Above i was addressing comments like 'How do you produce the body of a mythical person that never existed?' which GM then stumbled back into 'there could have been some random mortal named Yeshua (Jesus as English's transliteration) which is both moving the goal post and contradictory. This type of comment i find everywhere and severely undermines what it means to be an expert historian, as well as misquoting the very few Jesus myth proponents.

    'Well, for one thing, there are no legions of Socrateseans with an a priori assumption of, and an emotional attachment to, the historicity of Socrates.'

    This doesn't mean that the same standards and methodology used to study his life wouldn't work on the life of Jesus. If you're suggesting that the scholarly community is completely biased because they're Christian and have a vested interest in the life of Jesus then you're wrong. No doubt few have a vested interest however, I have already told you of a few atheists, some have come back from their Jesus myth conclusion, who spend their time studying and reconstructing the life of Jesus, all using the same methods (source, form, literary and textual criticism as well as all sorts of other techniques honed over many years). They apply to Jesus the same standards applied to anyone of antiquity and that's why there is a consensus about many aspects of Jesus' life.

  17. Eric

    That's perfectly fine, i don't mean to imply you think it's okay to state things like 'Jesus didn't exist', but i have a question for you. Do you deny the existence, the historicity, of an historical person named Menahem ben Hezekiah?

    I doubt that many would! However, those who also don't buy into the historical Jesus leave me wondering, why not? He lived exactly during the time Jesus was alive (~30CE), he claimed to be the Christ and was called 'the comforter who should relieve'. He is not attested to by a single contemporary, first being mentioned ~90CE by Josephus and one other time in the Babylonian Talmud which is around ~200CE. He fits many of the criterion others use to deny a historical Jesus so it follows Menahem also never existed. You see how ridiculous this claim is when applied to someone who is not as important to some as Jesus is.

    As for his ultra radical position, keep reading and listening =). Are you friends with him on MySpace or facebook? Read his 'about me' section, 'Ultra-Radical New Testament scholar', it says it right there. I am a huge fan of Robert Price, i own all his work and podcasts and often have conversations with him. He has agreed to come on the show sometime, i didn't follow up his last response but that will (as long as Price is up for it still) happen this year.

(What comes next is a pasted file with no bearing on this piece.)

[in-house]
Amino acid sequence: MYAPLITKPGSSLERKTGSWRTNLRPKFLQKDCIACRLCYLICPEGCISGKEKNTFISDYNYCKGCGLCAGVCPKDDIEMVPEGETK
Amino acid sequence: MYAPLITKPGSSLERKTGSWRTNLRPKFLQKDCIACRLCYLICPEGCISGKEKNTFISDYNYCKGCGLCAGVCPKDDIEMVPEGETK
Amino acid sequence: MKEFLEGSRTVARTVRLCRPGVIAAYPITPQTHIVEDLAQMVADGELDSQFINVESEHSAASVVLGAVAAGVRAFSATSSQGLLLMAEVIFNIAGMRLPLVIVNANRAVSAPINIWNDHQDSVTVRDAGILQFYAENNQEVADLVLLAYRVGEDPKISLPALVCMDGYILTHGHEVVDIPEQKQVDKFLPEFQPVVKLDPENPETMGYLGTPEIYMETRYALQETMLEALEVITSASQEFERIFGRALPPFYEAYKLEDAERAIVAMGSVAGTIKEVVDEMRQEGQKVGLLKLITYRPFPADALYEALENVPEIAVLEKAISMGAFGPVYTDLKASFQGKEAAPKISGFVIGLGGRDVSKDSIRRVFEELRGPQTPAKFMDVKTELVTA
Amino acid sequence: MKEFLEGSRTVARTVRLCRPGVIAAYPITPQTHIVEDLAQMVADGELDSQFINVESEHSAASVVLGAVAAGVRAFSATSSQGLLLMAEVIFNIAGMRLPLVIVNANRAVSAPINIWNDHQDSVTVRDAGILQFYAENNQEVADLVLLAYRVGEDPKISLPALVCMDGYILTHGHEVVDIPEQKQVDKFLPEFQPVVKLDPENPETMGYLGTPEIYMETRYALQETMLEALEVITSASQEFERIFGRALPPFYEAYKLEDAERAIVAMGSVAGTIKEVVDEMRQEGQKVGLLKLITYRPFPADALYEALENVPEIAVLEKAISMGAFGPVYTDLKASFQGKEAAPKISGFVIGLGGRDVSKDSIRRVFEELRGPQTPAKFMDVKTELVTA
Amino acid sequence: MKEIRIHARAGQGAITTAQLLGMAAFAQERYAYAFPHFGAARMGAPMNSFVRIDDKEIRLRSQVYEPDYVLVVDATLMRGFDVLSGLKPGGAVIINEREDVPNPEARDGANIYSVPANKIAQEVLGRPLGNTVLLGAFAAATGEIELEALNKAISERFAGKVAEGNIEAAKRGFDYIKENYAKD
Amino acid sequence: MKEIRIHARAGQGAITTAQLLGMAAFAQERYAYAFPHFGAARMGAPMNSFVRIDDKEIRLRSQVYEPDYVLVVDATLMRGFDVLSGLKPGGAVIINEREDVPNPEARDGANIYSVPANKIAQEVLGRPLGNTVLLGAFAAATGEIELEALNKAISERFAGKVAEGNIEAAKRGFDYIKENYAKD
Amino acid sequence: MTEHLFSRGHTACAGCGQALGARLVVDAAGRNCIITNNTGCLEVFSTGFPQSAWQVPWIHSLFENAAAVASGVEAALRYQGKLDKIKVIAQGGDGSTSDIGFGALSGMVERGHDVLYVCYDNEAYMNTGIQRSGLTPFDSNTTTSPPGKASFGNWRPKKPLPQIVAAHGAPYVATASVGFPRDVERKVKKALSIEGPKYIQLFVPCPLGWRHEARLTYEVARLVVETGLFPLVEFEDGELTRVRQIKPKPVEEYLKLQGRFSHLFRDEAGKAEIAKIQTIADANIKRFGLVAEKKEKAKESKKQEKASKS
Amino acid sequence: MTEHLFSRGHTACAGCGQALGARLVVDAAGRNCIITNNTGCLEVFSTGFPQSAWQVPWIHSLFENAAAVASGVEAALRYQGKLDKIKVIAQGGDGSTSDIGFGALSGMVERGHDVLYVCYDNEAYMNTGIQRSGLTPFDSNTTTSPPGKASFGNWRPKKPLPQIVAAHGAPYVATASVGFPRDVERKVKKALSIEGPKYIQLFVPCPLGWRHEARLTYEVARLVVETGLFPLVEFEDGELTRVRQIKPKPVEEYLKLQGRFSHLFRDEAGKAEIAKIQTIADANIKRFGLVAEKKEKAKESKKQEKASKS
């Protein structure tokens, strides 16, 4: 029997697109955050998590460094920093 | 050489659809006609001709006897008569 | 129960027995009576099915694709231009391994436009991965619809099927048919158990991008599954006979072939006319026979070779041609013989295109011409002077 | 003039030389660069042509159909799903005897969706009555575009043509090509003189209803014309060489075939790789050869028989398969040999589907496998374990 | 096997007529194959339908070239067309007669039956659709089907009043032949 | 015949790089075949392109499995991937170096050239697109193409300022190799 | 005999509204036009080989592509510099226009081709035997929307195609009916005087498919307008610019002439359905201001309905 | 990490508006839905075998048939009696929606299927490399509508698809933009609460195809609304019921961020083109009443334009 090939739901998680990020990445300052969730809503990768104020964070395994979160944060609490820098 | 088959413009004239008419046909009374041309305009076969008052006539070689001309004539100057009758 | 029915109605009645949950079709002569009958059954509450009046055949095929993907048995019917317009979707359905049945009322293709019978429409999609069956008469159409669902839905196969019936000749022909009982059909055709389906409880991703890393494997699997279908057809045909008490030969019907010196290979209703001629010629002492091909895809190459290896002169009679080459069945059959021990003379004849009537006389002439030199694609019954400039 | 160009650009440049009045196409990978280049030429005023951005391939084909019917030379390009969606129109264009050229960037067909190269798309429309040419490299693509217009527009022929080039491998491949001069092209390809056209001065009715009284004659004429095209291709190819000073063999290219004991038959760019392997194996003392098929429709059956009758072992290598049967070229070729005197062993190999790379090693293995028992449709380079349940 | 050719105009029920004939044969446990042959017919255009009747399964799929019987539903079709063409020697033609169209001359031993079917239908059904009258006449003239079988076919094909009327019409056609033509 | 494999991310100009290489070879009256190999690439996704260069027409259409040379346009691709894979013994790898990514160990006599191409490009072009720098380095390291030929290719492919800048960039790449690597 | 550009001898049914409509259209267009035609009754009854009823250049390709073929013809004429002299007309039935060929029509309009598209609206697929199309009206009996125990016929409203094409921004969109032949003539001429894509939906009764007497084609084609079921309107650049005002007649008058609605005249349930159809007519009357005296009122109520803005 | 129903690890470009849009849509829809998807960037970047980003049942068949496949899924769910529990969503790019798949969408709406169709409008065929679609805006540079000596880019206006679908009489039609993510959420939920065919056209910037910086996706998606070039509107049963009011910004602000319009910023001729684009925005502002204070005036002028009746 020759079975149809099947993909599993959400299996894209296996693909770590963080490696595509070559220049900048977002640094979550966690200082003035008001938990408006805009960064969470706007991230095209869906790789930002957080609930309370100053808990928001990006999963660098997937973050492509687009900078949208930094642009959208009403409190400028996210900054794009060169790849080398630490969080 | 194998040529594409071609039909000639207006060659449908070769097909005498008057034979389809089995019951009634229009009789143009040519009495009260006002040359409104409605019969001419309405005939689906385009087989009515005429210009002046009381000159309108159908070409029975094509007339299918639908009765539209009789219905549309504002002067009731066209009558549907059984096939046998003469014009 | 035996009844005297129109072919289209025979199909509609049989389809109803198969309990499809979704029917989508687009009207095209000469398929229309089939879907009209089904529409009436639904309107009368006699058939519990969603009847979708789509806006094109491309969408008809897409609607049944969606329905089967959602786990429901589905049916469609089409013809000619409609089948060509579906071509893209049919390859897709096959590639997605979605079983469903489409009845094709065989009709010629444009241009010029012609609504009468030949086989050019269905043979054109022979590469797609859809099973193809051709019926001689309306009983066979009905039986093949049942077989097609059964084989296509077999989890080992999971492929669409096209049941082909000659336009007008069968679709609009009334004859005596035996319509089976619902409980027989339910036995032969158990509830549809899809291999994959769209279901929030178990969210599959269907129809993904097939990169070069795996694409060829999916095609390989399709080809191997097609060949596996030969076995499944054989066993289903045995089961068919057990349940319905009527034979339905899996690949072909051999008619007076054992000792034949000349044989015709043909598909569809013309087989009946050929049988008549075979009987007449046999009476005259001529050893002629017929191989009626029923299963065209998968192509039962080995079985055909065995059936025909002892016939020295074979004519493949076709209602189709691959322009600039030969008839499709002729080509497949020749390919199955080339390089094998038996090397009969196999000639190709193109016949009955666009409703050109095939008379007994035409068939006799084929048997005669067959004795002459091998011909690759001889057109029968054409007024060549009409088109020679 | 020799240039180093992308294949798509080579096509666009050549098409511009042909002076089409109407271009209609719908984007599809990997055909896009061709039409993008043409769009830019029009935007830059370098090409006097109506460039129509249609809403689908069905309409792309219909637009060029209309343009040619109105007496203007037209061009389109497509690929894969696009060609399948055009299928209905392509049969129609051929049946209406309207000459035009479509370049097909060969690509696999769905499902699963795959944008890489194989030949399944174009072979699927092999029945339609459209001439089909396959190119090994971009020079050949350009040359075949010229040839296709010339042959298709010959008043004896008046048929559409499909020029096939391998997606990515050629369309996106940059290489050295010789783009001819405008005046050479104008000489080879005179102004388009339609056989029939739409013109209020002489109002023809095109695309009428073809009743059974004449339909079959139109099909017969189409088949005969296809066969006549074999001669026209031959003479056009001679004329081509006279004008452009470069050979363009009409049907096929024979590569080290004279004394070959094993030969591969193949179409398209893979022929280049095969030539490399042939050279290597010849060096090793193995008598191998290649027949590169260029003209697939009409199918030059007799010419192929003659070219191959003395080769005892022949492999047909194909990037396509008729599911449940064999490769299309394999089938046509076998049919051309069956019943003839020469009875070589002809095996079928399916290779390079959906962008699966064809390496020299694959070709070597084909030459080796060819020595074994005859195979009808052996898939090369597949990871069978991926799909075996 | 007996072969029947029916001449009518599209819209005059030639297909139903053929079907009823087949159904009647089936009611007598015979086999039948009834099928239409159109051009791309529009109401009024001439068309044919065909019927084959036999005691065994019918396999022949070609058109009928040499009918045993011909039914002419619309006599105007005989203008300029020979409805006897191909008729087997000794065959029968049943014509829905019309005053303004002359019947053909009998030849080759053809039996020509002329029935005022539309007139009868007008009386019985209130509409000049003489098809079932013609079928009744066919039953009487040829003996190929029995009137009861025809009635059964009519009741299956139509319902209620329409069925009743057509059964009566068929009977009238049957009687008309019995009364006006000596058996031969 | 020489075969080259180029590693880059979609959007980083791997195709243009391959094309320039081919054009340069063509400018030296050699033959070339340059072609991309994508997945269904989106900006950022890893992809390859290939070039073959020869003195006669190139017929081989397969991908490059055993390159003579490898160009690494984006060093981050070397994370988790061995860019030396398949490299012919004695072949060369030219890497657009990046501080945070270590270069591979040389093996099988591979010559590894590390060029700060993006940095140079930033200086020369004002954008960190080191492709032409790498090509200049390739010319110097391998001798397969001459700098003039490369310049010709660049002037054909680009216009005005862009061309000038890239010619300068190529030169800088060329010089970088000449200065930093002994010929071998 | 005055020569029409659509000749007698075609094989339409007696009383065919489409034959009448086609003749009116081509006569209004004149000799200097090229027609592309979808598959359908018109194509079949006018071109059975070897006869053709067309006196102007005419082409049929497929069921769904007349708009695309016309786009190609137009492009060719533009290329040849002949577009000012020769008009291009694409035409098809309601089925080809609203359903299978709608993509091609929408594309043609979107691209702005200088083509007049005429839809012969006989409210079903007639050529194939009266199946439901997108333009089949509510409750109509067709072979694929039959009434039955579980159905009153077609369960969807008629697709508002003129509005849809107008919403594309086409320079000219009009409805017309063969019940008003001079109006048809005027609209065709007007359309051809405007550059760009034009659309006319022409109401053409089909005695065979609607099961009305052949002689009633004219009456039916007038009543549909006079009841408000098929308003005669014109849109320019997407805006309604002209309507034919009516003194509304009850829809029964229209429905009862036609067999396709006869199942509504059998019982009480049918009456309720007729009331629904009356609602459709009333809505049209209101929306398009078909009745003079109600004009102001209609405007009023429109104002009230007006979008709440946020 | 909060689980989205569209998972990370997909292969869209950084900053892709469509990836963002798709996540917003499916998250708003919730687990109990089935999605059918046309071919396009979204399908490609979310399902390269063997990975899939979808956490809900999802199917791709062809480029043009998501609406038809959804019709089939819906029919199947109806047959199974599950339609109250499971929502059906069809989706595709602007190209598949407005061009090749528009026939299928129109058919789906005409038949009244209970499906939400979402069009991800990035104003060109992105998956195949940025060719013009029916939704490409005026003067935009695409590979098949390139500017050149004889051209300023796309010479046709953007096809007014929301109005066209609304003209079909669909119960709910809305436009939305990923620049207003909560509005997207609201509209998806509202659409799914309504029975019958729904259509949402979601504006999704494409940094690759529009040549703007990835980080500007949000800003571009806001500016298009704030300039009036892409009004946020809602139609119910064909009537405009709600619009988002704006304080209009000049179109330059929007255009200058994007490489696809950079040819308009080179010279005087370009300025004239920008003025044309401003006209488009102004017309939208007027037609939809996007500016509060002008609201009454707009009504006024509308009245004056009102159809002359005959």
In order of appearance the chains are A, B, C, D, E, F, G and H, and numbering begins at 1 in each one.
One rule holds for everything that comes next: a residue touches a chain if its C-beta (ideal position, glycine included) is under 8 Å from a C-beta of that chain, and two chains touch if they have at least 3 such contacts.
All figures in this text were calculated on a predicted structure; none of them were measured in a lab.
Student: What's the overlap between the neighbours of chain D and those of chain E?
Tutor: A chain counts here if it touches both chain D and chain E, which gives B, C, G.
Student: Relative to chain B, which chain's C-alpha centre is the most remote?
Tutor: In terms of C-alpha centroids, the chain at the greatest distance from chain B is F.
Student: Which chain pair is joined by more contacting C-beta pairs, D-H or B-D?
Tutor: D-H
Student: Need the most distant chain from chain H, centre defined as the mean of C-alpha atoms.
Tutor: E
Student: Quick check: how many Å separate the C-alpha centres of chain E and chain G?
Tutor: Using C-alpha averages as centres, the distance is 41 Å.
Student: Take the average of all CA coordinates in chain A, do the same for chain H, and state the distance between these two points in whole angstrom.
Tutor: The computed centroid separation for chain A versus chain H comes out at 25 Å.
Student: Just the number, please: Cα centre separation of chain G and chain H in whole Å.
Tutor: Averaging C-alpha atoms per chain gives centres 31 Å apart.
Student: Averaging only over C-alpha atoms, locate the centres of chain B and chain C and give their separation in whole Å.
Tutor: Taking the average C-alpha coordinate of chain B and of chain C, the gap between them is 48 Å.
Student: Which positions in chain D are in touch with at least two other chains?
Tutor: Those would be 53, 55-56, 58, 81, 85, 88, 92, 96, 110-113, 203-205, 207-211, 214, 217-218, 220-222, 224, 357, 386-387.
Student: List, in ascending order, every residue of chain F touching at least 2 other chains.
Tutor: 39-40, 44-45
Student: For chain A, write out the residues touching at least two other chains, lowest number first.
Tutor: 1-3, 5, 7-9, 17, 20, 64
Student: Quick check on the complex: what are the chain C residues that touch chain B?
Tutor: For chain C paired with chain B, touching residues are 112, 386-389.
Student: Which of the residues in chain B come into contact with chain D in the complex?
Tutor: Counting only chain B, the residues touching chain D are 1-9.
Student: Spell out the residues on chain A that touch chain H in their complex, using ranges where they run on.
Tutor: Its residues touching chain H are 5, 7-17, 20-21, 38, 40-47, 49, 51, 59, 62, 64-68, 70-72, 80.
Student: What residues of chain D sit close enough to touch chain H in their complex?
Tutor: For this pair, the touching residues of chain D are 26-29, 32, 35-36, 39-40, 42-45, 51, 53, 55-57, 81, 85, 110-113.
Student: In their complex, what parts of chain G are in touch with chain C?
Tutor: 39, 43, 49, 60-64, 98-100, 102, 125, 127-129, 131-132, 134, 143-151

As for the inconsistencies, i toyed with an apologetic to get me out of that bind but decided not to, that would be me being dishonest with myself. I should have explained myself better so kudos to you for not letting me get away with that. What must be pointed out is phrases like 'utterly absurd' and 'no sane person' do not carry the same historical significance in history as a forensic science like absolute claims with 100% definite conclusions like 'Jesus did or didn't' exist. They are not being universal claiming to be 100% certain of something, they are pointing out the evidence is at the point where Jesus very likely existed and it is absurd to conclude (based on the current evidence) otherwise. I guess this is the problem with quote mining, since they explain very carefully in their work the context of such statements.

    Again, Price is on his lonesome for the most part regarding what the consensus is and coupled with his often confession that he is 'ultra radical' (even more so than the Dutch radical scholars, his words not mine) and 'way out there', him and other like him, have an enormous amount of work to do to prove otherwise (and that's how it should be, his sentiment's not mine but i agree).

    There is very much a reliable community of scholars and academics out there, very much the same as the scientific community. They are a consensus scholars who challenge their assumptions almost all the time, take a look at the Jesus seminar, that was extremely critical of the Bible. I would recommend you get all the volumes of the Jesus seminar, Price contributed a fair bit along with other Jesus myth theorists as well as ultra conservatives. The aim? To try to reach a middle ground of what we can know with varying probabilities, about Jesus the man. Price often says he thinks they did a good job but for him they were too conservative.